Typically when asked ‘who is responsible for setting citizenship rules’ there are two general answers that fall out. On the one hand we might hear ‘the government is responsible for setting down citizenship regulations,’ and on the other we might hear ‘the people are responsible for establishing membership guidelines.’ The latter explicitly locates power in the hands of the people, whereas the former recognises legitimised political bureaucracies and machinations are responsible for citizenship. In this post, I want to briefly look at some of the processes and theoretical discussions surrounding citizenship and immigration, and in particular how they relate to ‘Fortress Europe’ and a recent British controversy surrounding citizenship tests.
The Boundaries of Citizenship
Western nation-states have developed around liberal conceptions of citizenship. As a consequence, citizenship is associated with a particular legal status that requires members to fulfill a set of legally enforceable requirements. These requirements can include holding a certain amount of money, it may involve active participation as a citizen (i.e. remaining active in communities that one is being naturalised by volunteering, being active in local politics, etc), or being born in a geographic area.
While webcams and teleconferencing may not initially appear to be Web 2.0 technologies, I would suggest that they important to the current 2.0 paradigm and, as these technologies develop, will become increasingly critical in whatever 2.0 unfolds to. By drawing in content from divergent areas, by crossing boundaries that were previously insurmountable for reasons of cost and time, and by demonstrating and expounding upon the digital connectedness between people, the ideals of student based learning becomes possible. I want to explicate that statement a bit, and then turn to the more ‘technical’ aspects of this post’s technologies.
Student-based learning is largely dependant on sudents having a hand guiding their learning. This is commonly translated into blogs and wikis, where the authorial voice is upset. A central issue with these kinds of collaborative/2.0 tools is that both are grounded in text – text is limiting because we cannot communicate using facial gestures/hand motions/intonations/etc, whereas webcams and teleconferencing both inject these essential dialogical elements into the discourse.
Pogge’s general assertion is that the West’s influence in shaping the existing global social conditions is continuing to promote a monumental level of suffering that has, and continues to, kill more people than either Hitler or Stalin. While these claims may seem bold, Pogge’s paper attempts to justify his claims by defending himself against the following:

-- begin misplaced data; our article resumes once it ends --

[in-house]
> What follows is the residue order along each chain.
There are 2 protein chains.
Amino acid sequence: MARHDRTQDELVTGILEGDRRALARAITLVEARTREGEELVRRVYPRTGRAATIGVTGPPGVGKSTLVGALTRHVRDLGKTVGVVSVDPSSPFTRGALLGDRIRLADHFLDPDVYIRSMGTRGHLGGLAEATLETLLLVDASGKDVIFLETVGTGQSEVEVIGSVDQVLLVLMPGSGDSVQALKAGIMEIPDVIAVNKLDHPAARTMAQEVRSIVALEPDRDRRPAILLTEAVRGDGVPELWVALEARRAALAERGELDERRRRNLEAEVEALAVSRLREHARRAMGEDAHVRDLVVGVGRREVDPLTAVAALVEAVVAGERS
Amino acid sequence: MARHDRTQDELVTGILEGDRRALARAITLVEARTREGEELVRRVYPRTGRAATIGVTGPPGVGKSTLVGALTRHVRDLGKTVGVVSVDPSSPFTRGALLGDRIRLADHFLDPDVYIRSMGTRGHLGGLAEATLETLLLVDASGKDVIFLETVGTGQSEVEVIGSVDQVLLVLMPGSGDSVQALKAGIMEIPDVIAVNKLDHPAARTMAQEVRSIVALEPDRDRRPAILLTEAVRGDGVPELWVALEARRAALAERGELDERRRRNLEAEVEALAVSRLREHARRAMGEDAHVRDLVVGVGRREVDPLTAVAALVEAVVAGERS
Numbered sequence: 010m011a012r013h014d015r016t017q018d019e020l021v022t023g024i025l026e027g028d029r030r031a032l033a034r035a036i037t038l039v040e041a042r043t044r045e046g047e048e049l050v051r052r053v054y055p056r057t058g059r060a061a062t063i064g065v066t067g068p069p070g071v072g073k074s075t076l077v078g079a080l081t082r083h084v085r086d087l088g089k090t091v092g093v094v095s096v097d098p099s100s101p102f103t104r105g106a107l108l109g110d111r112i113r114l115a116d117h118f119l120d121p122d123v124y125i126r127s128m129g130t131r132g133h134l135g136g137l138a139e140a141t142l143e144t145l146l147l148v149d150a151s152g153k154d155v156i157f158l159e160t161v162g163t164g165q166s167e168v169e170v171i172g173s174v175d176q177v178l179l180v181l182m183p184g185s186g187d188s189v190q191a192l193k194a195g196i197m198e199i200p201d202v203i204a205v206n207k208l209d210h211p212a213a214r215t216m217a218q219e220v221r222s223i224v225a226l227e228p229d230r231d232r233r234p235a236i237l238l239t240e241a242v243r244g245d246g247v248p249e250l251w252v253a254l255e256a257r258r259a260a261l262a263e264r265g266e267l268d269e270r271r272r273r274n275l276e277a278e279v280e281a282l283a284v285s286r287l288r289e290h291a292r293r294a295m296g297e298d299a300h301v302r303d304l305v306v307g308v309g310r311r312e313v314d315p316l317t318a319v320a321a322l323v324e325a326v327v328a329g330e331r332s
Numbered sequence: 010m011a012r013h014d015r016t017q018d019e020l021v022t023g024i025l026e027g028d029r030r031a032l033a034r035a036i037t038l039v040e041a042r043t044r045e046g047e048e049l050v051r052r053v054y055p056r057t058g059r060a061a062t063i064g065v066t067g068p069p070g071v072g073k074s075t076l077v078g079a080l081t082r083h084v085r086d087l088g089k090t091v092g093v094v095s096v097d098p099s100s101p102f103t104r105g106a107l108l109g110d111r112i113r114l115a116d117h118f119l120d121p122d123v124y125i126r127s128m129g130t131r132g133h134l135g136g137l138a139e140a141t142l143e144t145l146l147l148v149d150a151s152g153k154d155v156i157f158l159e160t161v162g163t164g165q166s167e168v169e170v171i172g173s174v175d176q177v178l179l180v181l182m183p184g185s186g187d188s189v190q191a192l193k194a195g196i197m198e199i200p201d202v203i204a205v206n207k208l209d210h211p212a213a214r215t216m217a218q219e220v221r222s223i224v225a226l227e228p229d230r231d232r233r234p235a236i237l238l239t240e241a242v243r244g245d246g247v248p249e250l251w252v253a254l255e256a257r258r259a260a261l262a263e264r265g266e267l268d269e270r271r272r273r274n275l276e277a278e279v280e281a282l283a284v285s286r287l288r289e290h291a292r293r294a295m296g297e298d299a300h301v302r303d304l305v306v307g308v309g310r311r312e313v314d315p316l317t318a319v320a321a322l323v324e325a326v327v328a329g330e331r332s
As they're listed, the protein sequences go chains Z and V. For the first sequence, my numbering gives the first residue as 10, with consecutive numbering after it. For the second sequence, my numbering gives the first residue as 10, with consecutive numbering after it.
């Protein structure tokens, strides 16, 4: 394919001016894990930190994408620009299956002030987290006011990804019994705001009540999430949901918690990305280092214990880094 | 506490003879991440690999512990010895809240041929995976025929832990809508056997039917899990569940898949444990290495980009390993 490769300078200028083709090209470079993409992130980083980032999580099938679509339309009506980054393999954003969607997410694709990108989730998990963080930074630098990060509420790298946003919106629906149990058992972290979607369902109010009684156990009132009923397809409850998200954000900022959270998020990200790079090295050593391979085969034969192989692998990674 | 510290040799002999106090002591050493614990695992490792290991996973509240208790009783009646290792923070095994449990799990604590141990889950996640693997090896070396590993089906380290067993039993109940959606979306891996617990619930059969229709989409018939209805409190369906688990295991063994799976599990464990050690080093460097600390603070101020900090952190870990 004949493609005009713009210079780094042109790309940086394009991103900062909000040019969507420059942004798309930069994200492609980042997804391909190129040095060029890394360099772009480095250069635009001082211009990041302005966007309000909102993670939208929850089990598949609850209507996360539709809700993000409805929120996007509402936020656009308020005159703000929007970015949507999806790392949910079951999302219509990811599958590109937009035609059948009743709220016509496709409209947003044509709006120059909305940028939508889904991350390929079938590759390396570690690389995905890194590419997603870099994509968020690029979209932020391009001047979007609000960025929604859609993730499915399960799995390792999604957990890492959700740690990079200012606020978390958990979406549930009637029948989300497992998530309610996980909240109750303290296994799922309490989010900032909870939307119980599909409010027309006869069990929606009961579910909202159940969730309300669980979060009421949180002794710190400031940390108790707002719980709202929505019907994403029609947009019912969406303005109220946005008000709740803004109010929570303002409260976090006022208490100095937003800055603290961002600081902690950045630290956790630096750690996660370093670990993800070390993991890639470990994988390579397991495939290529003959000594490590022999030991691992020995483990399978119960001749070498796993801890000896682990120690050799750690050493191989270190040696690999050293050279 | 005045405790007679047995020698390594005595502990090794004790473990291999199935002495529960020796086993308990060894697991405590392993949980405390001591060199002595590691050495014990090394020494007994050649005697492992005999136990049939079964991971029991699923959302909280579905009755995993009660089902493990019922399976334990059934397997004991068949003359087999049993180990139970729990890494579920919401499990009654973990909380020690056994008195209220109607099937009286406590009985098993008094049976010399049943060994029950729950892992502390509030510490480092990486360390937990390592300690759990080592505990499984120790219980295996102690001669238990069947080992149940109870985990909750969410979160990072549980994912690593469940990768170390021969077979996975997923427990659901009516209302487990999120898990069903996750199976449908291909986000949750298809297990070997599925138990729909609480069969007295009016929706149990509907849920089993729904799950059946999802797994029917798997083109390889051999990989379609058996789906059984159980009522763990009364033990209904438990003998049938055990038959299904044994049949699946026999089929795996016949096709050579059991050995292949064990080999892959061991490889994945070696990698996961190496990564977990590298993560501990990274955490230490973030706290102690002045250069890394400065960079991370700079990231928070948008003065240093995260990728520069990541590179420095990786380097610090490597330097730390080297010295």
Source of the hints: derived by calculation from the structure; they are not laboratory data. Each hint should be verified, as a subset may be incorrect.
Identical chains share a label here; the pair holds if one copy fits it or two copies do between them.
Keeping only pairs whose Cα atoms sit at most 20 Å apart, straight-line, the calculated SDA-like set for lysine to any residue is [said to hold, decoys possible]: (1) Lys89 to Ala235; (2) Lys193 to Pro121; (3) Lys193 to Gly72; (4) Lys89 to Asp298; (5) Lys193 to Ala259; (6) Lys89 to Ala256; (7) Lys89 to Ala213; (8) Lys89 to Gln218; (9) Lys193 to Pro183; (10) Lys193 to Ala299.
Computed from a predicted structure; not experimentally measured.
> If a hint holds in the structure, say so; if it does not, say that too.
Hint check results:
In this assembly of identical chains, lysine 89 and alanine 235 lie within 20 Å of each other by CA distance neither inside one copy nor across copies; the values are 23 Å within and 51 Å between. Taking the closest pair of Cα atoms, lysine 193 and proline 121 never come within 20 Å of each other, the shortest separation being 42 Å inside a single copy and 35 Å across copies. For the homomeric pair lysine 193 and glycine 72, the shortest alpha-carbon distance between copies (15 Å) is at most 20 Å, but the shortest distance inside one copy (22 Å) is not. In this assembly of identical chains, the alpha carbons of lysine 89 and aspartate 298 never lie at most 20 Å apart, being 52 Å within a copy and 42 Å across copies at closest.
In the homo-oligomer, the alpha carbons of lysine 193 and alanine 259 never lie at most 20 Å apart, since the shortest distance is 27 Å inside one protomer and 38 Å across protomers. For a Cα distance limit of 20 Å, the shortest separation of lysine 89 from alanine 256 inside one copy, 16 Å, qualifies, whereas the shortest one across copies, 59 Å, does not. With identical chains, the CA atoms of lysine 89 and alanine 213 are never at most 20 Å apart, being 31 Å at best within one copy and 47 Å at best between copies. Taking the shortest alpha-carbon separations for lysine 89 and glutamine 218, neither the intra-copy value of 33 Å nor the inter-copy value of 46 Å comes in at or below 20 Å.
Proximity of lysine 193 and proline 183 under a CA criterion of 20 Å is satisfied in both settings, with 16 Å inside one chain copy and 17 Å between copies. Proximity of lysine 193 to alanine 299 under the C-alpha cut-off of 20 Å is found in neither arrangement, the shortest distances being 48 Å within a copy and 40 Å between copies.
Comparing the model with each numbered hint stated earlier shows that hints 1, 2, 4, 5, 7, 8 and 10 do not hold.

- That he is making a conceptual mistake by re-labelling actions harmful that are really failures to aid and protect.
- That he is factually wrong about the causal explanations of severe poverty.
- That he is morally wrong by presenting minimal requirements that are excessively demanding.
In addressing these issues, Pogge adopts a ecumenical approach – his approach is intended to convince adherents of all the major moral theories that his position is defensible from all of their objections. Moreover, by adopting a multiplicity of divergent lines of argumentative defence, Pogge aims to avoid creating a strategy that can be ignored by theorists on the basis that they hold hold contrary philosophical positions. Specifically, he will be addressing Lockeans, Libertarians, Rawlsians, and communitarians.
Cosmopolitanism, broadly speaking, reflects on ethical, cultural, and political issues from the position that states and political communities are not the exclusive centers of political order or force.
Held begins his article in Brock’s and Brighouse’s The Political Philosophy of Cosmopolitanism by differentiating between cosmopolitanism that shifts from the polis to the cosmos, and the Enlightenment’s cosmopolitan attitude of maturity and reflexivity. The former insists that individuals’ first allegiance is to humanity rather than the community, whereas for the latter cosmopolitan right “meant the capacity to present oneself and be heard within and across political communities; it was the right to enter dialogue without artificial constraint and delimitation” (11).
Held’s article is subsequently divided into four sections. The first identifies cosmopolitan principles, the second distinguishes between ‘thick’ and ‘thin’ cosmopolitanism, the third justifies cosmopolitan claims, and the fourth section sketches how to transition from justifications to law. The ultimate aim is to understand the aim and scope of cosmopolitanism.